• Credit growth is expected to remain subdued for some more time as a result of these issues, and even businesses looking to borrow, might find their choices curtailed because of these
  • While NBFCs and Capital Markets do pick up some slack arising out of bank’s inability to lend, they cannot fully substitute the banks in the economy
  • NBFCs are a costlier alternative, while access to capital markets remain restricted to large corporates, leaving MSMEs vulnerable to liquidity issues

Spike in cotton sowing pushes up Kharif sowing acreage

  • A huge spike in cotton acreage has increased Kharif sowing to 20% more than last year during the same period

Kharif sowing pattern

  • Area under cotton sowing has increased from 19.1 Lakh Hectares (LHa) to 46.1LHa, an increase of 142%
  • Significant increase has happened during last week, when acreage under cotton has almost doubled from 24.7LHa to the current level
  • Substantial increase has been recorded in Maharashtra and Telengana, with a combined acreage of ~10LHa
  • Good rain in most areas has more than tripled pulses acreage from last week, moving up from 6LHa in the last week to 18.8LHa this week – a 44% increase from last year’s levels
  • However, momentum in rice has come down, with acreage under cultivation dipping below last year’s levels
  • Similar has been the case with oilseeds, with acreage dropping almost 9% from last year’s levels to 26LHa
  • As per government data, acreage under sugarcane has remained stagnant at 47.5LHa between last week and this week
  • Not sure if this is a glitch in the data as figures for both years have remained the same for two weeks

Mid-term review of Foreign Trade Policy delayed

  • With the implementation of the GST, foreign trade is set to become more expensive, at least in the short term
  • The new structure will increase the working capital requirements for exporters, as they will have to pay first and claim refund later, with a time lag
  • For exporters who relied on imported inputs, the Advance Authorisation Scheme exempted them from paying import duties (Basic Customs Duty + CVD + SAD)
  • Under GST, the duty structure changes to BCD + IGST, out of which exemption is available only for BCD and importers will need to pay for IGST, to be claimed later under a refund mechanism
  • This will require increased allocation of working capital, and will increase the cost of operations for companies, at least in the short term
  • There are also concerns regarding MEIS and SEIS schemes, which currently provide duty-free scrips, which can be used to pay for Customs Duty, Excise Duty, Service Tax, etc.
  • If the applicability of these scrips get restricted to only Customs Duty and not the IGST, that will dent the attractiveness of these schemes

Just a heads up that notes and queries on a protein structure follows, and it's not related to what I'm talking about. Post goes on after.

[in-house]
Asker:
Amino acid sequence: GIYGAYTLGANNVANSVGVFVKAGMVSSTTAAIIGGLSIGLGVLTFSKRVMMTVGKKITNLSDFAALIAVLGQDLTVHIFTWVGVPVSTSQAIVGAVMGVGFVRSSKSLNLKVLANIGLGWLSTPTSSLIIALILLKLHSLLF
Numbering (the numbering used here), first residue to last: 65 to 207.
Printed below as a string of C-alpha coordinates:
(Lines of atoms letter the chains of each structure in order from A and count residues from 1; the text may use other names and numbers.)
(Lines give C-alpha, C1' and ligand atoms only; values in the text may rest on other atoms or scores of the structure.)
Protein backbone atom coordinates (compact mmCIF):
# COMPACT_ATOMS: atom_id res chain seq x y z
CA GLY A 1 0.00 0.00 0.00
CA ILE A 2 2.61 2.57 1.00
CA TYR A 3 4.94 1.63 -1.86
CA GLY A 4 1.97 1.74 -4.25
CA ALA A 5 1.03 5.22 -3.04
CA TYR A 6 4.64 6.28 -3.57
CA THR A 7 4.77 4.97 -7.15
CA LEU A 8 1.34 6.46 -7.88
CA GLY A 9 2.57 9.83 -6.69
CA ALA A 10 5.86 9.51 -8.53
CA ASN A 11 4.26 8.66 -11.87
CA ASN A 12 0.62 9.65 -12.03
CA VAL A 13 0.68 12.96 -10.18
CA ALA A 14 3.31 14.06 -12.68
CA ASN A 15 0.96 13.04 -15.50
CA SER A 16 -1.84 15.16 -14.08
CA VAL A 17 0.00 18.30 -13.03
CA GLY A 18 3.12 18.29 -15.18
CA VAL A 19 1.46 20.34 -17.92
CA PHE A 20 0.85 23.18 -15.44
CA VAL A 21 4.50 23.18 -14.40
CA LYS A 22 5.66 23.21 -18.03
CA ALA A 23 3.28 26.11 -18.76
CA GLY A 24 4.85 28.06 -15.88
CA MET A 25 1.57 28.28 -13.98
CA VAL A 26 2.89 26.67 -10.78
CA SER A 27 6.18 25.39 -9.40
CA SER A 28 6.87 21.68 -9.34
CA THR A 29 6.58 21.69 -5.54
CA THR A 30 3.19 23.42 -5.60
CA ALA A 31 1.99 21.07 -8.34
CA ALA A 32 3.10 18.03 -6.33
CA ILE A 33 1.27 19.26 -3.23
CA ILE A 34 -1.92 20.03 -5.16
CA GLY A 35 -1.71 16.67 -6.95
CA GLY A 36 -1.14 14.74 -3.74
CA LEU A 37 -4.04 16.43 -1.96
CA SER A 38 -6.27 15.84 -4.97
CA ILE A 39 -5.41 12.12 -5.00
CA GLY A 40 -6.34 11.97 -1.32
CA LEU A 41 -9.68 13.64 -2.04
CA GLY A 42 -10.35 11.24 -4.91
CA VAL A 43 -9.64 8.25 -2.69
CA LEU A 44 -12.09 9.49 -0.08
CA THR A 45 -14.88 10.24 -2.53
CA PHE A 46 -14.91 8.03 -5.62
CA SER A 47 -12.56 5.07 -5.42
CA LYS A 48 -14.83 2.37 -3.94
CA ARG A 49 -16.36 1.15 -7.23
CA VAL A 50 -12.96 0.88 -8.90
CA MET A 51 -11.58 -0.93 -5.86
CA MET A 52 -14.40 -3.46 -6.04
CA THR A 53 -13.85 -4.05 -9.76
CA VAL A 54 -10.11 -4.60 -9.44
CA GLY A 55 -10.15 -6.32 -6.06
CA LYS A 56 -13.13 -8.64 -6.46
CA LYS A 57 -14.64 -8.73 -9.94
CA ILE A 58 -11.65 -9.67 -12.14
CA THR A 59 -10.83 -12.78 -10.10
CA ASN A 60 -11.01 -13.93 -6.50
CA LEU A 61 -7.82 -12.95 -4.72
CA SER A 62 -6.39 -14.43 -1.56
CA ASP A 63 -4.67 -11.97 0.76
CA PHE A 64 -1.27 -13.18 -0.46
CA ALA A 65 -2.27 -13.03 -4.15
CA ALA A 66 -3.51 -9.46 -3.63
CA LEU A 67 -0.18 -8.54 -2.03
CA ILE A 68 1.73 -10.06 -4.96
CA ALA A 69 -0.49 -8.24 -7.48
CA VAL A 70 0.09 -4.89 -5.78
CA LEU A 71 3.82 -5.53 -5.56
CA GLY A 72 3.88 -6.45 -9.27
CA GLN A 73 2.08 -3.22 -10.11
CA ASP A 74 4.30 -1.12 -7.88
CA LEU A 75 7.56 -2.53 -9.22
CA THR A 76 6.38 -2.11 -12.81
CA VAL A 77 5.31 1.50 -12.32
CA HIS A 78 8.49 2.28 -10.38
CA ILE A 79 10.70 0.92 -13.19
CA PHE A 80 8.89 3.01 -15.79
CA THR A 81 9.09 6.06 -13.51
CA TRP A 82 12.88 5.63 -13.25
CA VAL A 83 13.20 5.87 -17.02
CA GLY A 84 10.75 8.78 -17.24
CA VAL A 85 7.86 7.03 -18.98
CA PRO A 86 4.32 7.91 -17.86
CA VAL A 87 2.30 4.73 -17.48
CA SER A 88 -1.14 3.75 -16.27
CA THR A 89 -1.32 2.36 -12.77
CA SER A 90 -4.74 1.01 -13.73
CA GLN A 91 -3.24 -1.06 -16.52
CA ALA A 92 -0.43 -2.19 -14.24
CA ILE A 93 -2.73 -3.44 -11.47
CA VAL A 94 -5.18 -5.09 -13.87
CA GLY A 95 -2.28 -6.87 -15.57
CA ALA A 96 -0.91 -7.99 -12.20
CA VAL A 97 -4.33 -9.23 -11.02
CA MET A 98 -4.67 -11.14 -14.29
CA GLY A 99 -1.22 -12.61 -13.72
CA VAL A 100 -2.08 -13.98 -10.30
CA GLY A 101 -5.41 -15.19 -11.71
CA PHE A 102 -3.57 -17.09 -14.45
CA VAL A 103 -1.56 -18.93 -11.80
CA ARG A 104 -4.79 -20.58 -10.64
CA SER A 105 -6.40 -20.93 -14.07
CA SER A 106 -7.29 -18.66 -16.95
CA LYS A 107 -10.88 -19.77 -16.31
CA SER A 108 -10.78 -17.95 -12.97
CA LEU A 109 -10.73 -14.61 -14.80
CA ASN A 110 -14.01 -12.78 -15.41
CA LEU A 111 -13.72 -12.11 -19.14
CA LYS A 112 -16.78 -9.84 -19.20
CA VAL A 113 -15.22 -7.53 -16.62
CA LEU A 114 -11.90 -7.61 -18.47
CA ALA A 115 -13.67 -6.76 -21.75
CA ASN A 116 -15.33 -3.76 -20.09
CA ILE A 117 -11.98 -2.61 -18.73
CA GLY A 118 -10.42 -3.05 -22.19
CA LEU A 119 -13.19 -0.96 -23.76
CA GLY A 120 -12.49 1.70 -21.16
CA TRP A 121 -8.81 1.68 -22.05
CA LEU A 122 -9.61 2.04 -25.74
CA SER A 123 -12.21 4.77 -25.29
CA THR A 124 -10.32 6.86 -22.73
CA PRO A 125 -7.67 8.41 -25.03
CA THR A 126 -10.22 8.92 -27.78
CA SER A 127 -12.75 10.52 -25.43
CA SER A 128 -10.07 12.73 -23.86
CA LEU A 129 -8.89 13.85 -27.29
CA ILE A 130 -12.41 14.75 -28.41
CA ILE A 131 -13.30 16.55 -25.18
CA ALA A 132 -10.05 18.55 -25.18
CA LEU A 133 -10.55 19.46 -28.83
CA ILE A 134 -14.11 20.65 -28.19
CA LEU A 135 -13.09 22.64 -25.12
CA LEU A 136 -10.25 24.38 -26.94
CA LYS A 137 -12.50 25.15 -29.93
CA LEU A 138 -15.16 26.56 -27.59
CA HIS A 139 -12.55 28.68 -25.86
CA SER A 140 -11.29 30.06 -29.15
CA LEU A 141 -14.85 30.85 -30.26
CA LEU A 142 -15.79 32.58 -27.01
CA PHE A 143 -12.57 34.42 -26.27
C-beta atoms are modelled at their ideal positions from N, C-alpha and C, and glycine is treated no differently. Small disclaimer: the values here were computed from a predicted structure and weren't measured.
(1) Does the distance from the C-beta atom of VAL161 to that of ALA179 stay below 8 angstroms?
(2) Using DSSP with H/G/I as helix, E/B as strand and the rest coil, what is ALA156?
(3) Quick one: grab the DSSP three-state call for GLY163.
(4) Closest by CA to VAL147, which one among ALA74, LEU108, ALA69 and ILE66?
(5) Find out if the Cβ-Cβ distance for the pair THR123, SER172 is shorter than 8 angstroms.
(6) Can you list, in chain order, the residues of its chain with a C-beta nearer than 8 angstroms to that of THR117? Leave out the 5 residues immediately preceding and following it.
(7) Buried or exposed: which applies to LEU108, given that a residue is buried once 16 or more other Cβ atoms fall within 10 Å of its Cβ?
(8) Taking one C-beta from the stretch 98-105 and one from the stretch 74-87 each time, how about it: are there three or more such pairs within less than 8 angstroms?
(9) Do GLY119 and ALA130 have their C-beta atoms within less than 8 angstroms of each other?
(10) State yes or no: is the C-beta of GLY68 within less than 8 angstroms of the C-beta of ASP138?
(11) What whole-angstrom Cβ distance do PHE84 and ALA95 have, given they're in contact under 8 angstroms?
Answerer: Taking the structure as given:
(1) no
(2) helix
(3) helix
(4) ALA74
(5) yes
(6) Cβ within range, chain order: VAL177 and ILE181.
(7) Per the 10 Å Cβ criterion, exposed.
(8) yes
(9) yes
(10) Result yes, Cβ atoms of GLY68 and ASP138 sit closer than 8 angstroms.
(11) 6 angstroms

• The mid-term review of the Foreign Trade Policy was expected to ally some of the concerns for exporters, by way of new incentives and schemes, but this has now been delayed to Sep 2017, from the original planned date of 01 Jul 2017
  • The new schemes aimed especially for small-scale and labour intensive industries were expected to give a much-needed breather to these units, which do not have the financial muscle of larger businesses
  • A number of representations have been received from exporters regarding GST, and more time was needed to study these in detail and decide on the same
  • While there is no option but to wait for the mid-term review to be released in Sep, exporters will need to understand the impact of these changes on their business and prepare accordingly

Forex reserves hit life-time highs every week

  • India’s FX reserves are hitting life-time highs every week, thanks to a weak dollar
  • FX reserves have increased by 6% over the past 58 weeks to hit $382.53Bn, sufficient to pay for more than 10 months of imports
  • If we take only merchandise imports, this amount is sufficient to pay for imports of entire FY17 with a few billions left over

FX Reserves - Weekly levels and movements

  • Compare this with the level of $1.91Bn on 01 Jan 1991, when the reserves were barely enough to pay for just one-month’s imports
  • However, this has been achieved not necessarily by the strength of the Indian Rupee, but the weakness in US Dollars
  • These might look to be one and the same thing, but it is not, as the US$ has weakened against most currencies
  • A number of other Emerging Market economies such as Indonesia, Hong Kong, Thailand and Brazil have also been able to improve their FX reserves during the past 12 months
  • The US Dollar has weakened since the beginning of the year, due to disappointment over waning hopes of any immediate improvements in the US economy
  • Most of the above-mentioned countries, including India, have been buying the US$ in a bid to prevent their currencies from appreciating too strongly, thereby protecting their exports
  • Between Jan and April 2017, RBI has purchased about $4.8Bn of US$, thus leading to the current level of reserves
  • Reserves are expected to remain at such levels for some more time, and this should help prevent undue volatility in the markets


Some numbers to note 04-07-2017

Abin Daya the author of 'Basics of Trade: An India Perspective' is a FEMA expert, a career transaction banker, with close to 15 years of experience in corporate and transaction banking, in India.

Abin Daya

Sheela Mamidenna - Jul 03, 2017 12:00 IST